Savers hardest hit by means test rules


Andrew Boal

A large portion of Australia’s middle-income earners are encouraged to spend their retirement nest egg or lose access to more disposable income from the Age Pension as the current means test rules are adversely applied to their assets.

In a Dialogue paper[1] prepared for the Actuaries Institute, Andrew Boal states that a ‘taper trap’ encourages some retirees to spend their savings quickly, and risk living on the Age Pension alone. Mr Boal is a member of the Actuaries Institute’s Public Policy Council Committee and was previously Chair of the Institute’s Retirement Strategy Group. He is chief executive at actuarial firm Rice Warner.

The taper rate is applied as part of Australia’s asset test. However, without suitable retirement income products that provide protection against longevity risk, if retirees do spend their savings quickly, they risk running out of money.

In the Dialogue paper, Spending in Retirement, Mr Boal also says all Australians, but especially a ‘middle group’ of Australians with between $300,000 and $800,000 in retirement savings, need:

  • encouragement to acquire longevity protection to give them confidence to spend more in retirement, to live a better life; •a more equitable taper rate that does not unduly encourage retirees to spend their savings too quickly; and
  • low cost access to financial information and advice to help them make better decisions because the retirement landscape is complex, and the average retiree is unable to navigate good outcomes.

The taper rate acts to restrict a retiree’s access to Age Pension payments based on the level of their assets through retirement.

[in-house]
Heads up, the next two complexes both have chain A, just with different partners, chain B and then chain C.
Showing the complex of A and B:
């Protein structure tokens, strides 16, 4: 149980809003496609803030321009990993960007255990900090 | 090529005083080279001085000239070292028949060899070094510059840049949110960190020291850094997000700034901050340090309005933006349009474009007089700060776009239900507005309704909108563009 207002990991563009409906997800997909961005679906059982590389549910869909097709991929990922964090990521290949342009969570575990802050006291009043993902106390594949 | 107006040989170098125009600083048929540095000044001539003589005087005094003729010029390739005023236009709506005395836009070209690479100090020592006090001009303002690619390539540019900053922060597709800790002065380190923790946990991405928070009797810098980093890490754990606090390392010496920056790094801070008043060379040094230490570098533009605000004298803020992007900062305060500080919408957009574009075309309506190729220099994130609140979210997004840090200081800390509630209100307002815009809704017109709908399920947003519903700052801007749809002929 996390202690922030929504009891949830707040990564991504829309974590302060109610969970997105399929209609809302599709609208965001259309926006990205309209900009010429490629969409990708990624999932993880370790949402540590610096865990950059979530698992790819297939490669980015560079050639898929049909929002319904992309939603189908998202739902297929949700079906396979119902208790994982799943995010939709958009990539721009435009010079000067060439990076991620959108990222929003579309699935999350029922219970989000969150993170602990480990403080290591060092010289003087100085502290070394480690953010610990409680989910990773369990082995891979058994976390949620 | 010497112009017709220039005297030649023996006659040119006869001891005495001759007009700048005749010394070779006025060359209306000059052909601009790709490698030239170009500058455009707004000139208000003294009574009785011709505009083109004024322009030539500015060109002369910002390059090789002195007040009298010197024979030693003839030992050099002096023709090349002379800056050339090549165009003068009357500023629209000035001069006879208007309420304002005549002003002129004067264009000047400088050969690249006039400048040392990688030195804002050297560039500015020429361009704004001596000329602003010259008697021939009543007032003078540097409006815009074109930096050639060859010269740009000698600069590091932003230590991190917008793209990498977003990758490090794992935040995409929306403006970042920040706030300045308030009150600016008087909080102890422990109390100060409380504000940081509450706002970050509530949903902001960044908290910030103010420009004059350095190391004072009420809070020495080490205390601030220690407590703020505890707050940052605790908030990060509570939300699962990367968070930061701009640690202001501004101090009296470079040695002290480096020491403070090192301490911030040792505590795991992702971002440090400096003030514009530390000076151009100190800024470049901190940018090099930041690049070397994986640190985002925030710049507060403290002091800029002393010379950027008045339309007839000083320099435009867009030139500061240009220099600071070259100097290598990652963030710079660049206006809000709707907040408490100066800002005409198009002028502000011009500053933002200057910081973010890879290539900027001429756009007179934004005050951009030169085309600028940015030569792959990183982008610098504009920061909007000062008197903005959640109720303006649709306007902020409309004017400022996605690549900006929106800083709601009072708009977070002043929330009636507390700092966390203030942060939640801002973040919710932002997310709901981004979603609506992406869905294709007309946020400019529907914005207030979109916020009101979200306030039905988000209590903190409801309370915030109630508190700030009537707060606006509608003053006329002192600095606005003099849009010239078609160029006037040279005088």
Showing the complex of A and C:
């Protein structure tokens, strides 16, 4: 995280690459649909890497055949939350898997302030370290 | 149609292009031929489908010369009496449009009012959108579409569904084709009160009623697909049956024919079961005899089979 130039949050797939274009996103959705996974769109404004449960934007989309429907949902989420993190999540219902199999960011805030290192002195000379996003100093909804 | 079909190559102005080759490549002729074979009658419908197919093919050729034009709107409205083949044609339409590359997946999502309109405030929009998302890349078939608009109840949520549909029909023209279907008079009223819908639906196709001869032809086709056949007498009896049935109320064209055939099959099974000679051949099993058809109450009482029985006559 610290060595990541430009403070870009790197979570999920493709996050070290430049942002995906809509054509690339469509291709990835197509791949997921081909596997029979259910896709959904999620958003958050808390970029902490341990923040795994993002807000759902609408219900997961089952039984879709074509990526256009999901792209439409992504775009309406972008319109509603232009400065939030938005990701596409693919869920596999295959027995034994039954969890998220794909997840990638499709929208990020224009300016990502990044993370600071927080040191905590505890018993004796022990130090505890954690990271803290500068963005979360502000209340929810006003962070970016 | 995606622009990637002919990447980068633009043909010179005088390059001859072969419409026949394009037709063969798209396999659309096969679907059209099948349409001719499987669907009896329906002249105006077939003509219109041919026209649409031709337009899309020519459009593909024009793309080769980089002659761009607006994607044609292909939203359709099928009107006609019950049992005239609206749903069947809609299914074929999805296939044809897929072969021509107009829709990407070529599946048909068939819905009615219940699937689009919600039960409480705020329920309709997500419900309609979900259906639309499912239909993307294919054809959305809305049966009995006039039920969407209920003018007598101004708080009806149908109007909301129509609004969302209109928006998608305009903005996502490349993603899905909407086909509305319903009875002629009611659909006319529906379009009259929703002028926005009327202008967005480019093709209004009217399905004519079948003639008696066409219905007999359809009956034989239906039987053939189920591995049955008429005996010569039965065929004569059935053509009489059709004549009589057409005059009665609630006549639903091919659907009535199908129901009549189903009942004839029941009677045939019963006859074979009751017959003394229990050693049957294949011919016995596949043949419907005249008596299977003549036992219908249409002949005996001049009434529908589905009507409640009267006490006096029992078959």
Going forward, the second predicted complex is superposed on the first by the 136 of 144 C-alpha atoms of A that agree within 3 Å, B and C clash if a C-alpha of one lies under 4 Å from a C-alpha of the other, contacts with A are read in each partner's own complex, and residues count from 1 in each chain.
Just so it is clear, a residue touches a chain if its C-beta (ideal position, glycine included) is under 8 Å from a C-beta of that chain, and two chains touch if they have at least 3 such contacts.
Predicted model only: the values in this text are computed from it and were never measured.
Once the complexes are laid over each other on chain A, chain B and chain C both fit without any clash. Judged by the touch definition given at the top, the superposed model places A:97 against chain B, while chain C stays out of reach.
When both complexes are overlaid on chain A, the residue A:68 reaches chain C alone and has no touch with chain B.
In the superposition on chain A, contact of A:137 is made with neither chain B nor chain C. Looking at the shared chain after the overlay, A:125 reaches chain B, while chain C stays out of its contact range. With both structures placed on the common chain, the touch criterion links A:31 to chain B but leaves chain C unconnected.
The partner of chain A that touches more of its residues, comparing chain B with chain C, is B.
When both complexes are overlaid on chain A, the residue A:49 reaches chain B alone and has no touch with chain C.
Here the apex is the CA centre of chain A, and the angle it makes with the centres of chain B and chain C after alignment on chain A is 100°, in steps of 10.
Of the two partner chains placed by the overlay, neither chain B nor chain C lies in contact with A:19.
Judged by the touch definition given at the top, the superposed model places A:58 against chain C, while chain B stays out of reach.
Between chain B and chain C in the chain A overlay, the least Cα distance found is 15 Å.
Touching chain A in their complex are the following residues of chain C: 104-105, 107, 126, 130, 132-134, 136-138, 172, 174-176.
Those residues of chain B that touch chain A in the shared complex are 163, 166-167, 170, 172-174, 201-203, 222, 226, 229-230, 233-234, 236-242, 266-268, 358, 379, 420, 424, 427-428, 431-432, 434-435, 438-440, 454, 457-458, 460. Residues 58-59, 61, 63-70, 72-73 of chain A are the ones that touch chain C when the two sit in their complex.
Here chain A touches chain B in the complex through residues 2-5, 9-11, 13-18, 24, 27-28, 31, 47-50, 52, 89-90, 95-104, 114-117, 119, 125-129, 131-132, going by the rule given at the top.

Prior to 2017, the taper rate was set at $39. But from 1 January 2017, a retiree’s annual pension was cut by $78 for every $1000 of assets held above the relevant thresholds.

The Dialogue paper states that “a higher taper rate does encourage retirees to spend their savings as quickly as possible until they become eligible for the full Age Pension”. It says few do, but the retirement system as a whole, including perverse outcomes driven by elements of the asset test, needs review.

“Given the interconnectedness of the system, it is important that all the relevant levers are considered in conjunction with each other, including how it impacts on the efficiency and effectiveness of any other changes, such as increasing the superannuation guarantee to 12%,” the paper states.

The federal Government is currently conducting a Retirement Income Review, with findings due to be delivered by midyear.

The Spending in Retirement paper states that while Australia has one of the best retirement systems in the world for accumulating retirement savings, “we continue to struggle with how to design an efficient retirement spending system”. Part of this is attributable to a lack of clear purpose around what Australia’s retirement system is trying to achieve, the paper states.